By Ed McLaughlin and Wyn Lydecker
Meeting with investors to ask for funding can seem like going before “the Great and Powerful Wizard of Oz.” But if you understand what investors are looking for, then you’ll have the knowledge, tools, and ability to shift the odds in your favor. While there are many traits investors look for, these top five are sure to get their attention:
VC Paul Graham, co-founder of Y Combinator says that if you take some level of intelligence as a given, then determination is the number one trait that leads to success. “What matters most is determination. You’re going to hit a lot of obstacles. You can’t be the sort of person who gets demoralized. Graham wants to invest in founders like Bill Clerico and Rich Aberman of WePay. Their finance startup requires doing negotiations with large organizations, which means Clerico and Aberman have to be persistent and never give up if they want to do the deals that are vital to their business model.
You have to put yourself in a position where failure is not an option. As an angel investor, I want to invest in founders who will do whatever it takes to succeed because they have no “Plan B.” They have personal obligations to meet and no fall back. They cannot afford to let anyone down – including the investors.
If you can demonstrate that your team has the right experience to execute the plan and turn your idea into a viable business, investors will take interest. When investing, I look for distinctive competence: specific experience and expertise that enables the entrepreneur to minimize startup risks. Founders with distinctive competence understand the customers, customer needs, business models, pricing, and competition in the industry they are entering.
Many investors also look for previous startup experience. Angel investor Tim Berry said in Entrepreneur.com, “I’ve heard this at least a dozen times in investor discussions: ‘Bet on the jockey not the horse.’ What may surprise you is that most investors respect experience with failure as much as with success. Most of them know what failure feels like and respect the founder who can acknowledge the failure and recognize what went wrong.” The ability to learn from failure can help propel you to success.
Starting up is not for the faint of heart. Willingness to sacrifice to ensure the success of your business is a trait every successful founder should have. As Clara Shih, founder and CEO of Hearsay Social, said in Fortune, “Be ready for sacrifice… We pulled all-nighters in my living room, and then when we got our first office, we would go home at three in the morning or often just spend the night. There were no sick days or vacations. I regret missing my friends’ birthdays during this time. I stopped socializing altogether except with coworkers. I also had to get comfortable and adapt quickly to not having a salary for an indefinite amount of time.”
The sacrifice is different for each entrepreneur. When I left my job to start up, my wife and I downsized our personal life to a point where we could survive with no income for three years. With two small children, we moved into a cottage half the size of our previous home, and cut out all non-essential expenses.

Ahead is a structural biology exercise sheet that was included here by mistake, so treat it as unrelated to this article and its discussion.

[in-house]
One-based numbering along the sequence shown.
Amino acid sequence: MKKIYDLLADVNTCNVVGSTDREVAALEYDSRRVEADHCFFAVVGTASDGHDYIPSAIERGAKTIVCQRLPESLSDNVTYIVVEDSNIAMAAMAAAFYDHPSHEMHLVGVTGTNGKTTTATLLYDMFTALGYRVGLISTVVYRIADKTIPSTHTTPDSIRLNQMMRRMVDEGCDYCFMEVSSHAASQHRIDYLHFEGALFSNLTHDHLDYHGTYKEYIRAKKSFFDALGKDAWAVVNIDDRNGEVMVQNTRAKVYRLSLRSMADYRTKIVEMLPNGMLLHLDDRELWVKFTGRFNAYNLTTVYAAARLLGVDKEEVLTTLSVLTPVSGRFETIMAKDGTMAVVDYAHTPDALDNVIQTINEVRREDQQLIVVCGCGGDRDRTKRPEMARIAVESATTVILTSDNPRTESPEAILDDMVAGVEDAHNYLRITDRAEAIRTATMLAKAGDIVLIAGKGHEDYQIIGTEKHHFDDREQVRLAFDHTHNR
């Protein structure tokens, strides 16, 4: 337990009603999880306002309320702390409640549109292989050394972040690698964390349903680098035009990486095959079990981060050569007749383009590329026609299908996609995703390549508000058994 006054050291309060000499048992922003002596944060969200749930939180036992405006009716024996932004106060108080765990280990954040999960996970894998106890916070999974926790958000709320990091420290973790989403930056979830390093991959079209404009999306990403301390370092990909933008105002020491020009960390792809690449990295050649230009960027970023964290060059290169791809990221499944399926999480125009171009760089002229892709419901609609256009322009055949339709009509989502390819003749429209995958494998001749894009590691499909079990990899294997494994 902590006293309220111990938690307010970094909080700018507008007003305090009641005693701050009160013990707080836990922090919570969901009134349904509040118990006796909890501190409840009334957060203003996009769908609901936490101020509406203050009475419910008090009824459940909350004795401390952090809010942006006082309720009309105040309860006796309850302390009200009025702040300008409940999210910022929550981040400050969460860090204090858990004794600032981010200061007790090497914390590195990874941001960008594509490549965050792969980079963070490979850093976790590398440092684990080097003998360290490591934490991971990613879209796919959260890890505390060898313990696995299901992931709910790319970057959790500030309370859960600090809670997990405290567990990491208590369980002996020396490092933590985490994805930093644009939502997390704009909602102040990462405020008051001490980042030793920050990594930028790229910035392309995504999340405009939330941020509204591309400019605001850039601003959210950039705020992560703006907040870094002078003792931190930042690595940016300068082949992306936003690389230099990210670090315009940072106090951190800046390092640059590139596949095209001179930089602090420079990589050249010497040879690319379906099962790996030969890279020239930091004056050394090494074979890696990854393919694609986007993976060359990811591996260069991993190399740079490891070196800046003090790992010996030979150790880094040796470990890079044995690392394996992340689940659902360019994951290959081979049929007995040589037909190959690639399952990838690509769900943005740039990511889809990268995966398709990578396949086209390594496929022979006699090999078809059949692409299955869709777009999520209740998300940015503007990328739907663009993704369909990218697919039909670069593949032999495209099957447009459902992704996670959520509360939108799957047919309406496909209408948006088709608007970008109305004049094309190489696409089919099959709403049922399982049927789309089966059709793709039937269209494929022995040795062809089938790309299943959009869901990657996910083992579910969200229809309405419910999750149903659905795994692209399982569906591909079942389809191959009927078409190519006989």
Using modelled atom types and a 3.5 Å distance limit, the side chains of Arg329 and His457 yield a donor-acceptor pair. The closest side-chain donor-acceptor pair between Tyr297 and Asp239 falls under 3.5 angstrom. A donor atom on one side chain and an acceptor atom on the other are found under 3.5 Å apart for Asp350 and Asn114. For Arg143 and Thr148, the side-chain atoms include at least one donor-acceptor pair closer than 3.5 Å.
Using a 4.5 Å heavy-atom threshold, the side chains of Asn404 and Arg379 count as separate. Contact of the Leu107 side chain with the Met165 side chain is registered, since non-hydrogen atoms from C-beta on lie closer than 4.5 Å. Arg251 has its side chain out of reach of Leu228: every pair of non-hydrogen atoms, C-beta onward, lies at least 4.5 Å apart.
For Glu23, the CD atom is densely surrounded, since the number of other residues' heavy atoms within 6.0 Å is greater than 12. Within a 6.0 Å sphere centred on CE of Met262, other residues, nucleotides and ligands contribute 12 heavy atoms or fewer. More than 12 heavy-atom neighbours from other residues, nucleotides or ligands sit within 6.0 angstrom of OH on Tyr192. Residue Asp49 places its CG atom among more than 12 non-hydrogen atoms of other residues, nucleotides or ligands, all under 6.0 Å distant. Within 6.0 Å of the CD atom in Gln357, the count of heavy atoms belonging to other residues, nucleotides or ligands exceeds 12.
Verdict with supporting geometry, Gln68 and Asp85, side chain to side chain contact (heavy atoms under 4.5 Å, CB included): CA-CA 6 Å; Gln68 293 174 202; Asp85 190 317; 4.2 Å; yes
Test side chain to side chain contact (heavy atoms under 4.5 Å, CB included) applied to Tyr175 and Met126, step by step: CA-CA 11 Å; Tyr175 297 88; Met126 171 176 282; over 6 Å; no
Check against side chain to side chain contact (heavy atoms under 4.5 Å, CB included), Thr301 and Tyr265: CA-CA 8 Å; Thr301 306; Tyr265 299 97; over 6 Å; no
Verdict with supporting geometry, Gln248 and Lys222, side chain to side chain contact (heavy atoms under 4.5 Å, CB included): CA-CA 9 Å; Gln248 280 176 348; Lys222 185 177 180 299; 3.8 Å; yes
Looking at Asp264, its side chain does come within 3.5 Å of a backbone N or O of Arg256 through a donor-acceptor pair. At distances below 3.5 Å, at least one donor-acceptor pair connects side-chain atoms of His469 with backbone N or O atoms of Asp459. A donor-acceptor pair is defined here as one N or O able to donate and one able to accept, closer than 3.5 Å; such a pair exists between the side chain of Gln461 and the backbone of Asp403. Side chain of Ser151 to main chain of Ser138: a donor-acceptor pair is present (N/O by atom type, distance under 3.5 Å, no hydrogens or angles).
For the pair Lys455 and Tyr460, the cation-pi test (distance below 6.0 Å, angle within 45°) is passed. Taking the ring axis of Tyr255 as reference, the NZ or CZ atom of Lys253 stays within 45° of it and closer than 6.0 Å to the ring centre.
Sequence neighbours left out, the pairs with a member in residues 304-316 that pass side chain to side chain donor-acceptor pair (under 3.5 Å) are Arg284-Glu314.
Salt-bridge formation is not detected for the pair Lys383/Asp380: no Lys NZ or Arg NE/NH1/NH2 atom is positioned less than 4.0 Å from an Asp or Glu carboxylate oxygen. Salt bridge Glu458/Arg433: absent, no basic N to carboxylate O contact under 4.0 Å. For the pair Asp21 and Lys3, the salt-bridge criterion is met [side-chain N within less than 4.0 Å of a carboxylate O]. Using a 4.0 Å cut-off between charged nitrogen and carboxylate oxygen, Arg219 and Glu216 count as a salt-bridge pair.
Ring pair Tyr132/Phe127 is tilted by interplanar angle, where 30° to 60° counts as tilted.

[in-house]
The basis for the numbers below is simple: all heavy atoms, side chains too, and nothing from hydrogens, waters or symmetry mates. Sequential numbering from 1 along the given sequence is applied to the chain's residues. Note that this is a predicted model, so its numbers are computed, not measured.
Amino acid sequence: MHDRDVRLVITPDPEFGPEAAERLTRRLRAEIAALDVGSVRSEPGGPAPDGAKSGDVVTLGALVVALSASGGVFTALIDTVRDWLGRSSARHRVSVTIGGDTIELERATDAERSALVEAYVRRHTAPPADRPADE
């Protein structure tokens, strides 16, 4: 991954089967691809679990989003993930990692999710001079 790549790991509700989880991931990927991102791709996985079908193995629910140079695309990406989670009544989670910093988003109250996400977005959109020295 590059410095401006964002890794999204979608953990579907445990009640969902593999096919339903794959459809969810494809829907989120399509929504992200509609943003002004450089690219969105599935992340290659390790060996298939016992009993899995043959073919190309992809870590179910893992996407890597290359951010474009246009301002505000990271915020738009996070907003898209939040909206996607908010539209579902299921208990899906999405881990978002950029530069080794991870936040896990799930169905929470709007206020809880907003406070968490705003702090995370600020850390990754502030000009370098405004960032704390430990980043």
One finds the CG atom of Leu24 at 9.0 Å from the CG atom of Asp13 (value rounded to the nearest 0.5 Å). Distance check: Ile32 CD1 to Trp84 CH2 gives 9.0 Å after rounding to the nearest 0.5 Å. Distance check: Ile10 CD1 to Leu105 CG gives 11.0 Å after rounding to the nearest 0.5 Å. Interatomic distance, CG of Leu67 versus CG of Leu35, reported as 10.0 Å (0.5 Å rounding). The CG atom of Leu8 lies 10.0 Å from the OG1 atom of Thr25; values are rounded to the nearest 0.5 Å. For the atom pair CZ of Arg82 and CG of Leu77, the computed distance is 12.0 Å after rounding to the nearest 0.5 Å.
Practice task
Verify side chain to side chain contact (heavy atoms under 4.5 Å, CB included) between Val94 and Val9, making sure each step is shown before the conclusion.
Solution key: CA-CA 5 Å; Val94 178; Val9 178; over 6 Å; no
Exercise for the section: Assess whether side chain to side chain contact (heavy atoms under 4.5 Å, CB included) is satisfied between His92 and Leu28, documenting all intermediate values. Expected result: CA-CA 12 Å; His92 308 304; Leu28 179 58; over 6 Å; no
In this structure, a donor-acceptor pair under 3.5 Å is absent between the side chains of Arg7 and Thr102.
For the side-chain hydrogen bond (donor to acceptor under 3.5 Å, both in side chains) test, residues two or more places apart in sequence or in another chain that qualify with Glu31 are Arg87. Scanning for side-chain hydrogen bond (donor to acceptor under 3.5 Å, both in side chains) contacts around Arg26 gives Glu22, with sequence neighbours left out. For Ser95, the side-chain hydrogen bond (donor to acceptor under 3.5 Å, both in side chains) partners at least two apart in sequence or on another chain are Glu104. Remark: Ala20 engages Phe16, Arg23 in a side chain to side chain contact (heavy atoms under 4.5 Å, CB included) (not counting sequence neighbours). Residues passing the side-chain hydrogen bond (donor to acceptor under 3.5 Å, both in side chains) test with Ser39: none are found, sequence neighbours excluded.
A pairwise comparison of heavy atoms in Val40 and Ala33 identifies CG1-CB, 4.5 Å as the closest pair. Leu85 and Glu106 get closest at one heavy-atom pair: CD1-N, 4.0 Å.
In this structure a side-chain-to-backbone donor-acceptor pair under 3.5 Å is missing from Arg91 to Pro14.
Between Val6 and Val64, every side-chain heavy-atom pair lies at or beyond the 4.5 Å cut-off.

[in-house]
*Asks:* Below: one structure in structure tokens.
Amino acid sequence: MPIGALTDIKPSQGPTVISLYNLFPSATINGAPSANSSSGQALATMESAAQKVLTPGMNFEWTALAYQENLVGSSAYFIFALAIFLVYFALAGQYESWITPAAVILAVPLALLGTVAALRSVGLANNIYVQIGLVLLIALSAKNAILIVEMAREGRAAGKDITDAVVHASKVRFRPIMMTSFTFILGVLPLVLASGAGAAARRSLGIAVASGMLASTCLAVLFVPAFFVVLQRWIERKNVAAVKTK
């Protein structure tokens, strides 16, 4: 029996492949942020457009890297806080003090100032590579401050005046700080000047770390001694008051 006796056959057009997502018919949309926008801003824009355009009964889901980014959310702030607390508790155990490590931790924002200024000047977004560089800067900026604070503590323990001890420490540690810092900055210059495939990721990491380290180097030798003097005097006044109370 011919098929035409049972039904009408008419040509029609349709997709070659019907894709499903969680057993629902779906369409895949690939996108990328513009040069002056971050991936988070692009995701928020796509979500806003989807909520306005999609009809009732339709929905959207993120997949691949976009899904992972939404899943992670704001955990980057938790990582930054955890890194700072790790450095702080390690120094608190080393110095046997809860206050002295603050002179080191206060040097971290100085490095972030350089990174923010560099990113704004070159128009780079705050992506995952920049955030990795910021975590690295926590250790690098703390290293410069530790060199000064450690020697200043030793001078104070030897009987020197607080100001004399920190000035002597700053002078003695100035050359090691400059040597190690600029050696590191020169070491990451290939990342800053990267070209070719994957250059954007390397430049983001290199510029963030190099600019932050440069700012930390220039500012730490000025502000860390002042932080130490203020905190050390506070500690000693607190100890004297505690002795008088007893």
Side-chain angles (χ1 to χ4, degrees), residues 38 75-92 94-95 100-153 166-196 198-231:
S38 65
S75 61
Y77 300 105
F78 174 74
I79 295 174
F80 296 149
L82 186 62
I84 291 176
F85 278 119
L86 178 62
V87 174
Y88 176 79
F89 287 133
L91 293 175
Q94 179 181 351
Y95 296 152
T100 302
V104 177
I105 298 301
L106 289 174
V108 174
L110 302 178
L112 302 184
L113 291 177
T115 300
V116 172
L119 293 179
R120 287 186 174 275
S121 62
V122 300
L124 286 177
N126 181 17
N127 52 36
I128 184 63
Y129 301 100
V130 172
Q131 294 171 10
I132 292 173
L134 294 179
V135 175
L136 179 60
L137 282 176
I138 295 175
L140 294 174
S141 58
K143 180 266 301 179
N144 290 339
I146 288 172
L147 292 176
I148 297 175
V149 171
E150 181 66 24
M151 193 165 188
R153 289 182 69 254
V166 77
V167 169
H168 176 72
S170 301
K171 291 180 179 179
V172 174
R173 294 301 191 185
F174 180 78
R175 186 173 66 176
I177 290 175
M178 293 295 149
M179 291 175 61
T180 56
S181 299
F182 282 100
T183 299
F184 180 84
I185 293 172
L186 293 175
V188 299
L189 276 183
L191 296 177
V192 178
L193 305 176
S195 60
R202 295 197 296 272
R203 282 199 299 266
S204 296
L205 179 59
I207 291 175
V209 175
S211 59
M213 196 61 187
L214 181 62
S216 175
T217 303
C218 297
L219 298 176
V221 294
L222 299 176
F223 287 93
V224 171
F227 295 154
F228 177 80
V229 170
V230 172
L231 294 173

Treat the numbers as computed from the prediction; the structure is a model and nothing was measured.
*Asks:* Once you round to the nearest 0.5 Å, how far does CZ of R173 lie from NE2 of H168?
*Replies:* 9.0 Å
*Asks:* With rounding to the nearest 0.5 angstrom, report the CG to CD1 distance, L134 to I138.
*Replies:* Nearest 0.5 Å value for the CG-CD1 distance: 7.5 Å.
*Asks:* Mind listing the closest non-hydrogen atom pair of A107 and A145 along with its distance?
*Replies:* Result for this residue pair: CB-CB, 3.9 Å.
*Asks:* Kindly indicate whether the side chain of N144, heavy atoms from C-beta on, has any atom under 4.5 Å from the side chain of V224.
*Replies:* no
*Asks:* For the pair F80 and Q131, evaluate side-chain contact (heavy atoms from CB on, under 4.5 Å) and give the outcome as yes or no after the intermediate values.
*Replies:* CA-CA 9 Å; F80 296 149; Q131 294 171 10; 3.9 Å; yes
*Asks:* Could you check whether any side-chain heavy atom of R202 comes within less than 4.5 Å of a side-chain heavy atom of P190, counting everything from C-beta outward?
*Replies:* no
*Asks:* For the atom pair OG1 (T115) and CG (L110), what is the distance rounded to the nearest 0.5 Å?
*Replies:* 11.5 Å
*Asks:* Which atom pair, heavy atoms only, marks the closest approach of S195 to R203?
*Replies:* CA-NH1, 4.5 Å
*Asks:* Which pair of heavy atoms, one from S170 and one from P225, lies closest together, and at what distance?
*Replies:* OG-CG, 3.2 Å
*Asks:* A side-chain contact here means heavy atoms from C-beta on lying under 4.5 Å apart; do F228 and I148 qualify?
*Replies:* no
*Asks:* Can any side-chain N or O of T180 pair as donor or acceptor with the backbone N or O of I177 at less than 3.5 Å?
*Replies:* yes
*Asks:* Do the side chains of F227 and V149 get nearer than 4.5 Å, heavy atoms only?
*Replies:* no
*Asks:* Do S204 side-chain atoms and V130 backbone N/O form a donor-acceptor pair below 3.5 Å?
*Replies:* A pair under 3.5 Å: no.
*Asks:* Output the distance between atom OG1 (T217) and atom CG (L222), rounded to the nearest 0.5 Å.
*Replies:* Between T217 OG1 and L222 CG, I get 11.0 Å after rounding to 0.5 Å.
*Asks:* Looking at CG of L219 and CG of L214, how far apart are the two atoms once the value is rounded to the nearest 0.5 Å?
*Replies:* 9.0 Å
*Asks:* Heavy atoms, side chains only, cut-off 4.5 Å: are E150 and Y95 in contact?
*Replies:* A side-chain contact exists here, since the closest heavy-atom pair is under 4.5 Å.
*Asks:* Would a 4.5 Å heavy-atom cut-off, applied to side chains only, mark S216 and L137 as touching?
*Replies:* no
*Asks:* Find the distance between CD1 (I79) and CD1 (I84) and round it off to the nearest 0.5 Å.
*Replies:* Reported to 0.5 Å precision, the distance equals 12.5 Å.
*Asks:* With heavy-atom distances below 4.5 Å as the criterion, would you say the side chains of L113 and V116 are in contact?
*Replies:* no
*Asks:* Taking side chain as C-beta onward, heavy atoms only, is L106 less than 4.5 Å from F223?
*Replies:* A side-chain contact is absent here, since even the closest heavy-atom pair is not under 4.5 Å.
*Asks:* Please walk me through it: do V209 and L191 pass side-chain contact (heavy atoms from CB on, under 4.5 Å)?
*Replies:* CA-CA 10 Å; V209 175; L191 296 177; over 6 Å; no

Are you a doer or a dreamer? Investors want to bet on the entrepreneur who has more than a cool idea. They look for the founders who have developed a working prototype, grown a user base and/or secured pre-orders from customers. They look for proof that the entrepreneur knows how to attract willing buyers. For me, pre-orders are the single most important point of validation of the founders’ capabilities. When you line up pre-orders you demonstrate that you understand how to create a solid value proposition and communicate it to customers. You know how to sell, how to price, and how to clearly delineate the benefits of your product in the mind of the customer.
If you’ve ever watched Shark Tank, you’ll notice that the sharks ask questions that probe the founders’ achievements. As soon as the entrepreneurs say they are generating revenue, the sharks sit up and start listening more intently. When the entrepreneurs say they are making a profit, the power shifts from the sharks to the founders. Suddenly the sharks are competing with each other for the chance to invest.
5. Financial Understanding:
Can you demonstrate that you understand the time, money, and resources it will take to start and grow your business? Do you have a financial model worked out that shows how you will make money? Do you know how much money you need and how you will put it to use to start and scale a sustainable business? These are the questions investors are asking. Can you answer them? How will you answer them?
Rick Alden, 2009 Entrepreneur of the Year and founder of Skullcandy, a publicly traded maker of sport and gaming earbuds and other personal audio equipment, said, “An entrepreneur’s life is entirely dictated by the questions: How much? How fast? At what margin? Everything else is secondary.”
The Investors’ Point of View
Investors are tough because they have to be. As Peter Thiel said in his book, Zero to One, it’s not right to invest as if you are buying a lottery ticket. Your investor has to believe in you and your vision. I will only invest in a founder who I believe will pour heart and soul into the business – someone who has the stomach to weather the ups and downs of startup life. Someone who will sacrifice to achieve success. Someone who cannot afford to fail.
Do you fit these criteria? If you do, you have a greater chance of securing funding.
Ed McLaughlin is currently co-writing the book, The Purpose Is Profit: The Truth about Starting and Building Your Own Business, with Wyn Lydecker.
Copyright © 2015 by Ed McLaughlin All rights reserved.